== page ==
(note, headphones are necessary to hear some sounds)


Sound recording Description Graphs thumbnail
rec00034 (2) bufo jump.wav
rec00034 (2) bufo jump.wav
79.37 KB
Splash from toad jumping into the water rec00034 (2) bufo jump.bmp
rec00034 (2) bufo jump.bmp
1.12 MB
rec00034 (2) bufo uw call and burp.wav
rec00034 (2) bufo uw call and burp.wav
92.59 KB
Two types of underwater calls rec00034 (2) bufo uw call and burp.bmp
rec00034 (2) bufo uw call and burp.bmp
1.12 MB
rec00034 (2) bufo uw calls.wav
rec00034 (2) bufo uw calls.wav
1.55 MB
Two types of underwater calls rec00034 (2) bufo uw calls spectra.bmp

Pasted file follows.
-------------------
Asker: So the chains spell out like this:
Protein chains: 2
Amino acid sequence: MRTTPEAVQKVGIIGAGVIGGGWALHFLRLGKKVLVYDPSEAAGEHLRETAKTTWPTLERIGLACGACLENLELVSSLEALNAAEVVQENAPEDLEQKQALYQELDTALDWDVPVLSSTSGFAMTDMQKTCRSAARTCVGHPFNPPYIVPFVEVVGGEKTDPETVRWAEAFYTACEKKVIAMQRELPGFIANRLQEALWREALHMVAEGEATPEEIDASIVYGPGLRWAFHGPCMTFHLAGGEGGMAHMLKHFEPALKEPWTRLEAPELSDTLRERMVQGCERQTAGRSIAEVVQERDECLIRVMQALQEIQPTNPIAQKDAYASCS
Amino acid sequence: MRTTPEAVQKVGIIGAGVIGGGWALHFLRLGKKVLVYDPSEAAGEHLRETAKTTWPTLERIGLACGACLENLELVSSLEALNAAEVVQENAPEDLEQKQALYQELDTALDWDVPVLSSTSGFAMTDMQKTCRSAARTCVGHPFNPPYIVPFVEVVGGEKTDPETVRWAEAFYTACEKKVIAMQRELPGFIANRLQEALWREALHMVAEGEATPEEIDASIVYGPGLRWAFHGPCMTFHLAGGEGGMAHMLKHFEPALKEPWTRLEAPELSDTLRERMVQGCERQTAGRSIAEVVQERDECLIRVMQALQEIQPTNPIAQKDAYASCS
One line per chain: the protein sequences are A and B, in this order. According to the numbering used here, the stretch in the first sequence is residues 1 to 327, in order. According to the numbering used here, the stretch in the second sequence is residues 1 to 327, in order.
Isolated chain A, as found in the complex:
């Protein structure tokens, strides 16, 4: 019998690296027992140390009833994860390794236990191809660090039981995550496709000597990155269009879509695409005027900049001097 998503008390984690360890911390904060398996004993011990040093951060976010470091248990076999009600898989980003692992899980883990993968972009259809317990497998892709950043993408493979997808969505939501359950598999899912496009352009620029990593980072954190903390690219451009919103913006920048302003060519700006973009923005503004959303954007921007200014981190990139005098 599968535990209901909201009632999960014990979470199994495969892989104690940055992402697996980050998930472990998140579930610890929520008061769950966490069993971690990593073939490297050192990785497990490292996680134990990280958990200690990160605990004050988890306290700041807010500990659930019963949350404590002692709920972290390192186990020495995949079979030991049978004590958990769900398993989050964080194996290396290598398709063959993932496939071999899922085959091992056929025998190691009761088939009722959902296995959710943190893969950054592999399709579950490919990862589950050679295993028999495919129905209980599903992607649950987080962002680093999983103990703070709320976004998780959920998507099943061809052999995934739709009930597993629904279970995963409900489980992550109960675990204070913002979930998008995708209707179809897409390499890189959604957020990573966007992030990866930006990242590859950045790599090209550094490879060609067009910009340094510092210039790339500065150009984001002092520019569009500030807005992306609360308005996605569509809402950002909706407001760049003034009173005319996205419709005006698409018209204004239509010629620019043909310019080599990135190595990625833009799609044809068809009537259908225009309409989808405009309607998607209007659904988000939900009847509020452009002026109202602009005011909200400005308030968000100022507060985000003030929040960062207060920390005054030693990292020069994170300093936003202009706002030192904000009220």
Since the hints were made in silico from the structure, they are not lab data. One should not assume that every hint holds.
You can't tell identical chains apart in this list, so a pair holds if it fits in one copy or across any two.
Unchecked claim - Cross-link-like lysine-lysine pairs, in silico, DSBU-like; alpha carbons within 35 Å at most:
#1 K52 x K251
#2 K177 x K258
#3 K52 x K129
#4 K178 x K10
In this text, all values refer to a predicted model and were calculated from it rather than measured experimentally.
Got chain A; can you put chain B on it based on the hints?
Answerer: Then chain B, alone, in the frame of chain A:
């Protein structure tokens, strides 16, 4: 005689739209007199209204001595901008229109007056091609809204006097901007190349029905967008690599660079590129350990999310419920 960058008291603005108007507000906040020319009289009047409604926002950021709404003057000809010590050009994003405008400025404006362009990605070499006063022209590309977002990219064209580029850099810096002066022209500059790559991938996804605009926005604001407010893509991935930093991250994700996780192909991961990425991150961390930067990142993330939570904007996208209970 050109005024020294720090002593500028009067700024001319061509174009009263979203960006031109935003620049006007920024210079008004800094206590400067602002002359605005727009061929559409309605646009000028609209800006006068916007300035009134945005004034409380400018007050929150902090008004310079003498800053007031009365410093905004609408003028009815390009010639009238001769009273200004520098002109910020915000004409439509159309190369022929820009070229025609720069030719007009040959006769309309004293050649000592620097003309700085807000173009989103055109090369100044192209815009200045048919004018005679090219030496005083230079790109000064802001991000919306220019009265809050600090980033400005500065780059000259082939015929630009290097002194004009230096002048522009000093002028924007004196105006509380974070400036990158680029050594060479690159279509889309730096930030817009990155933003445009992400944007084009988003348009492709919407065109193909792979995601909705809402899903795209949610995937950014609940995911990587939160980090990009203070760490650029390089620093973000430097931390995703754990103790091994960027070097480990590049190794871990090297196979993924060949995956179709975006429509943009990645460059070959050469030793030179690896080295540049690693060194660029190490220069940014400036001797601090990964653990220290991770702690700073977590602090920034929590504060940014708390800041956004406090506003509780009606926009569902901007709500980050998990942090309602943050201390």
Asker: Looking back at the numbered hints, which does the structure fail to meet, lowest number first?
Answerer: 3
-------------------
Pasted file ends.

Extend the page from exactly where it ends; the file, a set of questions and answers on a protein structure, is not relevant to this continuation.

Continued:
rec00034 (2) bufo uw calls spectra.bmp
1.12 MB
rec00034 (2) bufo uw calls spectrogram.bmp
rec00034 (2) bufo uw calls spectrogram.bmp
1.12 MB
rec00034 (2) bufo uw calls waveform.bmp
rec00034 (2) bufo uw calls waveform.bmp
1.12 MB
rec00035 (2) bufo uw calls.wav
rec00035 (2) bufo uw calls.wav
777.46 KB
Underwater calls rec00035 (2) bufo uw calls spectra.bmp
rec00035 (2) bufo uw calls spectra.bmp
1.12 MB
rec00035 (2) bufo uw calls spectrogram.bmp
rec00035 (2) bufo uw calls spectrogram.bmp
1.12 MB
rec00035 (2) bufo uw calls waveform.bmp
rec00035 (2) bufo uw calls waveform.bmp
1.12 MB

 

 

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This page was last modified on Sept 25, 2007